renal artery stenosis

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This condition may result in secondary hypertension and secondary hyperaldosteronism. Other possible features include:

  • coexistant cerebrovascular, cardiovascular or peripheral vascular disease
  • deterioration of renal function following treatment with ACE inhibitor
  • abdominal bruit; signs of coexistant vascular disease e.g. carotid or femoral bruit; absent peripheral pulses

A small kidney will be seen on intravenous urography on the affected side with a delayed and persistent nephrogram (1)

RAS is predominantly due to atherosclerosis (>90%) in the adult population (2)

  • with fibromuscular dysplasia (FMD) being more common in younger female patients

In consideration of computed tomographic angiography and magnetic resonance angiography (MRA) in comparison to digital subtraction angiography (DSA) in diagnosis of renal artery stenosis (1):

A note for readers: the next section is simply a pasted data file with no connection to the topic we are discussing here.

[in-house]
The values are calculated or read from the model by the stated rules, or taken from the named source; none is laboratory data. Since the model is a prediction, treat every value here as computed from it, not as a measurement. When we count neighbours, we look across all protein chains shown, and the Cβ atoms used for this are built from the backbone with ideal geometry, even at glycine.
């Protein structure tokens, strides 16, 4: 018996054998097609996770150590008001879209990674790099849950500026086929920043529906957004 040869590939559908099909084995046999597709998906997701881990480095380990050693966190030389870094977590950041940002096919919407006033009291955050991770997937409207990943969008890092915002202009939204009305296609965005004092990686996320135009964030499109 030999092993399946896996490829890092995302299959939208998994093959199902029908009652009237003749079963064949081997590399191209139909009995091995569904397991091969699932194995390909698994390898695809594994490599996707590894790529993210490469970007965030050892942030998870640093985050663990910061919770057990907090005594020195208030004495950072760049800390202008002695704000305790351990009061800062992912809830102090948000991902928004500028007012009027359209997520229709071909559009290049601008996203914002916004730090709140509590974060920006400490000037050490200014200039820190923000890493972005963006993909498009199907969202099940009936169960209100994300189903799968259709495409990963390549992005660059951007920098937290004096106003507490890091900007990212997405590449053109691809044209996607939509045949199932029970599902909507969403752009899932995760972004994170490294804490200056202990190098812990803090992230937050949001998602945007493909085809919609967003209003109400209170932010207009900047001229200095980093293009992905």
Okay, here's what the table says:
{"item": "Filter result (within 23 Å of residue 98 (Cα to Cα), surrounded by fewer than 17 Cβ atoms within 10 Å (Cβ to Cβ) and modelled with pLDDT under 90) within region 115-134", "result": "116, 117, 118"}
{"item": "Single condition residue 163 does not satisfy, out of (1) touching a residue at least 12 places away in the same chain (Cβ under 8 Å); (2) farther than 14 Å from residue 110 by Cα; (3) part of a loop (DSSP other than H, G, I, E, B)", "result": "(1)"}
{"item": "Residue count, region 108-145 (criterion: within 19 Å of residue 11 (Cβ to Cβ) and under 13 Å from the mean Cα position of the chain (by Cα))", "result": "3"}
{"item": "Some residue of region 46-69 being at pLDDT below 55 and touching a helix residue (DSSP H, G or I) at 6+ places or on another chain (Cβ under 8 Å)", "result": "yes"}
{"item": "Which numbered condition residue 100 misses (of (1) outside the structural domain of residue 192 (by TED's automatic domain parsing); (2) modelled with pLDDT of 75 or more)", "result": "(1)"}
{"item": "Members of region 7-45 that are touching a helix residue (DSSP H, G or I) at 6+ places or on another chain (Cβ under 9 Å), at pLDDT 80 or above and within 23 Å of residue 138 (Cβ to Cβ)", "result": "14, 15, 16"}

• computed tomographic angiography and MRA are not reproducible or sensitive enough to rule out renal artery stenosis in hypertensive patients
  • DSA is the diagnostic method of choice

Reference:

  1. Vasbinder GB et al. Accuracy of computed tomographic angiography and magnetic resonace angiography for diagnosis renal artery stenosis. Ann Intern Med 2004;141:674-82
  2. de Leeuw PW, Postma CT, Spiering W, Kroon AA. Atherosclerotic Renal Artery Stenosis: Should we Intervene Earlier? Curr Hypertens Rep. 2018 Apr 10;20(4):35

Last edited 07/2021 and last reviewed 07/2021

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